WEST PARIS — Downhill soapbox derbies may return to town if a group of interested community members has anything to say about it.

Resident Jose Pirela asked the Board of Selectmen on Thursday for information and advice on how to restart the children’s races the town hosted for decades.

The derbies were a popular event in the town as far back as the 1950s, according to Selectman Dennis Henderson. Derby Hill beside the Town Hall was built in the late 1950s or early 1960s to make a safer place for racing than the former location on Church Hill.

“They had a few accidents,” Henderson said about the old days.

Derby Hill, which was used for racing in the summer and is still used for sledding in the winter, was the site of derby racing for decades between the 1960s and the 1980s. In the years since, there has been sporadic use of the hill for derby racing — usually when a group of community members springs up with an idea to revive the tradition.

According to Sun Journal archives, in 2000, Derby Hill, formerly known as Curtis Hill, was rebuilt with the return of Old Home Days. That resulted in several more years of soapbox derbies.

Henderson said it has been two or three years since West Paris has hosted a race, and it would be nice to see them return. He said it takes between six and 15 people to run an event. Volunteers do everything from running the snack bar and maintaining the hill to providing a safe racing surface, keeping time and coordinating the racers.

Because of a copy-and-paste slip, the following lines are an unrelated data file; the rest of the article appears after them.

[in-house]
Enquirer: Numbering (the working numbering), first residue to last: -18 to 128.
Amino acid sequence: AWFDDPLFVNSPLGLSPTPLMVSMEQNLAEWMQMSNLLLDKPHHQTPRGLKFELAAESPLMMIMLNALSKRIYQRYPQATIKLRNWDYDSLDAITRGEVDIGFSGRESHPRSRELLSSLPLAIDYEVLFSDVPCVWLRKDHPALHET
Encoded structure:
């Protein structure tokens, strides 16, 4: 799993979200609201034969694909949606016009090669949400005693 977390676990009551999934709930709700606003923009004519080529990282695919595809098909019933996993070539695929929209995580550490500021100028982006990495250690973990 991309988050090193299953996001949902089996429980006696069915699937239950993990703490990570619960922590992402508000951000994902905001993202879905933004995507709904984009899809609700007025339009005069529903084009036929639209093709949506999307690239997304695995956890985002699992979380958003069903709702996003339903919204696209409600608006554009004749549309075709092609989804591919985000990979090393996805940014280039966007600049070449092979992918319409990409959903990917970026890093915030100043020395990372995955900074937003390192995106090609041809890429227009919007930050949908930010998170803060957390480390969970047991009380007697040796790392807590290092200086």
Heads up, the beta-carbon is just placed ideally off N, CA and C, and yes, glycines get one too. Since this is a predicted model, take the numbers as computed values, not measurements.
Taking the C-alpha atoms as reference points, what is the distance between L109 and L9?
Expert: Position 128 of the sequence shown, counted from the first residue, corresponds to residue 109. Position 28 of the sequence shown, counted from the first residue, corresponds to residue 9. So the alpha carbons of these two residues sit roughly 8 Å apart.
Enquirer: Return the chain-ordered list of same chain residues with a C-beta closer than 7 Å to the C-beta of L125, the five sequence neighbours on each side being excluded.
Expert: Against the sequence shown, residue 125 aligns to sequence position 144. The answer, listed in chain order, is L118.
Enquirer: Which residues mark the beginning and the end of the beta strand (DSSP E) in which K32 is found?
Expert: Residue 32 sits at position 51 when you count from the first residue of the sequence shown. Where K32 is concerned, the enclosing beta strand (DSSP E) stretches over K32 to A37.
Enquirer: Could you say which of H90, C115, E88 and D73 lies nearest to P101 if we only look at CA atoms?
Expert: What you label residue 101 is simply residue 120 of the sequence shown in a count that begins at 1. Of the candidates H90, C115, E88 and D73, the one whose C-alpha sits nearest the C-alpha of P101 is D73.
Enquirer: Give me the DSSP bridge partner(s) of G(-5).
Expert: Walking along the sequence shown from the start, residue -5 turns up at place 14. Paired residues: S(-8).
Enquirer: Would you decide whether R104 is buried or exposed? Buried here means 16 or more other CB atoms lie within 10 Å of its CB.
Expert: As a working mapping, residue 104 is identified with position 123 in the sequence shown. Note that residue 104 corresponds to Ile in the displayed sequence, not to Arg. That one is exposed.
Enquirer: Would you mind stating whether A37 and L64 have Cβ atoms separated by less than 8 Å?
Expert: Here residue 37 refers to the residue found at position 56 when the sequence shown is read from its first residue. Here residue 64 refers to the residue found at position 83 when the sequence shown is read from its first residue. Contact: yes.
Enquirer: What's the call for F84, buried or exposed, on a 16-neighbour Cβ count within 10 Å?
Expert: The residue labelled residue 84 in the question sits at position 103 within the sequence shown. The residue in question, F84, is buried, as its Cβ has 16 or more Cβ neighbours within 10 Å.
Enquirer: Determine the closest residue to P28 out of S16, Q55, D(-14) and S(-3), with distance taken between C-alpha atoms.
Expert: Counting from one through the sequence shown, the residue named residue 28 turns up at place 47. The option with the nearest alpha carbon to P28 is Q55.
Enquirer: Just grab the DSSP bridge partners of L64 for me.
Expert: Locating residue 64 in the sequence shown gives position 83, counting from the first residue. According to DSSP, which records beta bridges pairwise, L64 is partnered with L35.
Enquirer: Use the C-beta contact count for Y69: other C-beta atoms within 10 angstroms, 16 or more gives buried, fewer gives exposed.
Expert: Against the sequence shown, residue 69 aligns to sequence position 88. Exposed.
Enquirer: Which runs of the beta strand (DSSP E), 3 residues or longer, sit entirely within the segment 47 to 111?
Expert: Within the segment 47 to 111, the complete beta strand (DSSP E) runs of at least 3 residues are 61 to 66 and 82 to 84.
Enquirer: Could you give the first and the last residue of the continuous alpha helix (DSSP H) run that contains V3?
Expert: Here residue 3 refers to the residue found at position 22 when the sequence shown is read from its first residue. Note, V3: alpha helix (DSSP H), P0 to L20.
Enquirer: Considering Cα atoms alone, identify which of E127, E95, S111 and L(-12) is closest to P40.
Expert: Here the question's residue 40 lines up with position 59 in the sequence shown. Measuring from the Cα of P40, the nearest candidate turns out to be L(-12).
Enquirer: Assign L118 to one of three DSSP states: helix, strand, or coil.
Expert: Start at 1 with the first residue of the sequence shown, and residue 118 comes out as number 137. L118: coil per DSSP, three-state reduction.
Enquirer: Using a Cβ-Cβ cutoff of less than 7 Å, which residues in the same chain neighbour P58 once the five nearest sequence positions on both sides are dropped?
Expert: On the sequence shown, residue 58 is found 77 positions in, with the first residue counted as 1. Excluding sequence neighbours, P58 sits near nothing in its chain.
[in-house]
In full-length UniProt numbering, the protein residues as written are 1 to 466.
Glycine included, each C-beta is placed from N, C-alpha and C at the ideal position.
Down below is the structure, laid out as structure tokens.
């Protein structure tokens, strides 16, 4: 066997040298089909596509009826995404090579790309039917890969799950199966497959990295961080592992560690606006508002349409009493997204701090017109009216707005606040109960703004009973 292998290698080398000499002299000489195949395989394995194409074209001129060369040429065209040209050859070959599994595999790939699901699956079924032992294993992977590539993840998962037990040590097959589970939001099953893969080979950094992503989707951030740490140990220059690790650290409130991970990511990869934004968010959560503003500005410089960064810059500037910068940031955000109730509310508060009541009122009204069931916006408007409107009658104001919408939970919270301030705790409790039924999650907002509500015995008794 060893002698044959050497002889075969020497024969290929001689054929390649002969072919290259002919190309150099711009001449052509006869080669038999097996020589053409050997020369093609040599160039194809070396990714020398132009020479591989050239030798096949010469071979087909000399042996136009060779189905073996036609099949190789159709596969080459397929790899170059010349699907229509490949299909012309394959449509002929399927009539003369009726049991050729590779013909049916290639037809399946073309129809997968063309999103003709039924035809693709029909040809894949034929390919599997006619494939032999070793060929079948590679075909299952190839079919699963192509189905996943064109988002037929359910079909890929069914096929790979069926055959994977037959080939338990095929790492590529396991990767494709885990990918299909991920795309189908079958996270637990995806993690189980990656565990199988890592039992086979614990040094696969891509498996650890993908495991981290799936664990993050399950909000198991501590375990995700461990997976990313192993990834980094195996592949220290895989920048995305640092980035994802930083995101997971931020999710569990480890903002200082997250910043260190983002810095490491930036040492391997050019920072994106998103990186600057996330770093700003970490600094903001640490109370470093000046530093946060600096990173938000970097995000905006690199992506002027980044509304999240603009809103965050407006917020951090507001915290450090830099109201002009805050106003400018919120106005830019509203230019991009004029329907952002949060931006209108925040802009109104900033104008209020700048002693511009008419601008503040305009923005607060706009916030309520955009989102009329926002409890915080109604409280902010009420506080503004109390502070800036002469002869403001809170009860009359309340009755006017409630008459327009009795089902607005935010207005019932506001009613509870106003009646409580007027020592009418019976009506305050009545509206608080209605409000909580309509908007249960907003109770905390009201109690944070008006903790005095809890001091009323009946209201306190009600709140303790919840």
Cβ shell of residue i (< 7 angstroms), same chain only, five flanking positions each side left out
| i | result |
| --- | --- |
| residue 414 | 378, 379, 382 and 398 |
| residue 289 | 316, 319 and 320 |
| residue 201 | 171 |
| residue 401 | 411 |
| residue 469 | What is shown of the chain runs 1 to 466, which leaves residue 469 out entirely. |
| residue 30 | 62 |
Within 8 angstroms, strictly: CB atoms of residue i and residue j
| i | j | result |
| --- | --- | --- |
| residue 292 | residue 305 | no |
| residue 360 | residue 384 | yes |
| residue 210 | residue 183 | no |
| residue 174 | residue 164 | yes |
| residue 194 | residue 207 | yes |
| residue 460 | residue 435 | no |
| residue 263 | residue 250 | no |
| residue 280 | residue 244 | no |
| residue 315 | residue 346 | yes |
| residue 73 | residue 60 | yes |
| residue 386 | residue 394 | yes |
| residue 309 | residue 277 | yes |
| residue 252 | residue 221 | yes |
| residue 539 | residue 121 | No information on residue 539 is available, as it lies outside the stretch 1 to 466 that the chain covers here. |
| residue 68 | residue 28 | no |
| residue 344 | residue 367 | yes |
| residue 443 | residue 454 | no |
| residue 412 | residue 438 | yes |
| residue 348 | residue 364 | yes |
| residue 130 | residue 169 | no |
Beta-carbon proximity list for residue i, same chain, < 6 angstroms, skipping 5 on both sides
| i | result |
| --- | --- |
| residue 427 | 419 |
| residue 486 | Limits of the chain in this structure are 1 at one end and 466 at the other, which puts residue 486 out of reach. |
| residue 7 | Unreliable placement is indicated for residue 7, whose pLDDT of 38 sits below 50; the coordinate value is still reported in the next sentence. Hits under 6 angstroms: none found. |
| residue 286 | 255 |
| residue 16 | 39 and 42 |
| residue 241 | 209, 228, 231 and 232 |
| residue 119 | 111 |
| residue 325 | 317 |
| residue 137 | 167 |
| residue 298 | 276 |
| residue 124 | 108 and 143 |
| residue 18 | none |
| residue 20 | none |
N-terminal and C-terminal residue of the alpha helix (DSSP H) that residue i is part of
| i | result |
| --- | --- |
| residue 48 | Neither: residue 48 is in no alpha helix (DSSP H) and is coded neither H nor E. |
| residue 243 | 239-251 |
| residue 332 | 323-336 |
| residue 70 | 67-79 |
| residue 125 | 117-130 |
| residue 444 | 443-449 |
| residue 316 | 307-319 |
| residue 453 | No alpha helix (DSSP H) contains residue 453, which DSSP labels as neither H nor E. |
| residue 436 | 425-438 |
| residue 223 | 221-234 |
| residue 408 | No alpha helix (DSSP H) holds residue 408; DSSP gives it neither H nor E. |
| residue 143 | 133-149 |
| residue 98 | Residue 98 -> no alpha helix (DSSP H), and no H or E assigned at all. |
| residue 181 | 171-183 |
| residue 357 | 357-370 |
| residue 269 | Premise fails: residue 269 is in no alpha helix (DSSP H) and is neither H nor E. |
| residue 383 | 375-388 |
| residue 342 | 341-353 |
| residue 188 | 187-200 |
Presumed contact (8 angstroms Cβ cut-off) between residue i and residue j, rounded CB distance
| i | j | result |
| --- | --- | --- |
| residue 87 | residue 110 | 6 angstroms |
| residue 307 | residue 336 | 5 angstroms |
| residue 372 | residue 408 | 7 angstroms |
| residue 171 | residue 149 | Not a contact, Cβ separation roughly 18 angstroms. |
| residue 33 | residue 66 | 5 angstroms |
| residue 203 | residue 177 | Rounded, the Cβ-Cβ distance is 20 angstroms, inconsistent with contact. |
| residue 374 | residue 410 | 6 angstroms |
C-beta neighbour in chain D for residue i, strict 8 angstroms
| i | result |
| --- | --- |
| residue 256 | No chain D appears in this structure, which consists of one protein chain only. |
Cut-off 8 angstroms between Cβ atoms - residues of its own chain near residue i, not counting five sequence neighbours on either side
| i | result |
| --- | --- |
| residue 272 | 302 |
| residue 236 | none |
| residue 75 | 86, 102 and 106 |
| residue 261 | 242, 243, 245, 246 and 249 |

Pirela is not alone in his interest to resume races. Members of the Fire Department and the local American Legion are in talks to see what they can do to revive the tradition.

The town has an account set up for the derby with $1,000 in it, according to Town Manager John White. Near the hill, there is a snack shack which previous derby organizers have used to raise funds at events, and the town also has equipment needed to run the races.

“We have a real good start — we just need the kids,” Selectman Peter Collette said.

Two age groups compete: seven to 12 years; and 13 to 17 years.

Children can build their own cars or purchase kits.

Board of Selectmen Chairman Randall Jones said that in the past, if a child was unable to afford to build a car, the town had a couple so everyone could participate.

Henderson said there are so few soapbox derbies in the country that the one in West Paris drew a crowd, with some coming from out of state.

The next step for Pirela and others interested in reviving the derby is to form a committee. Pirela hopes the derby may return as early as this summer.

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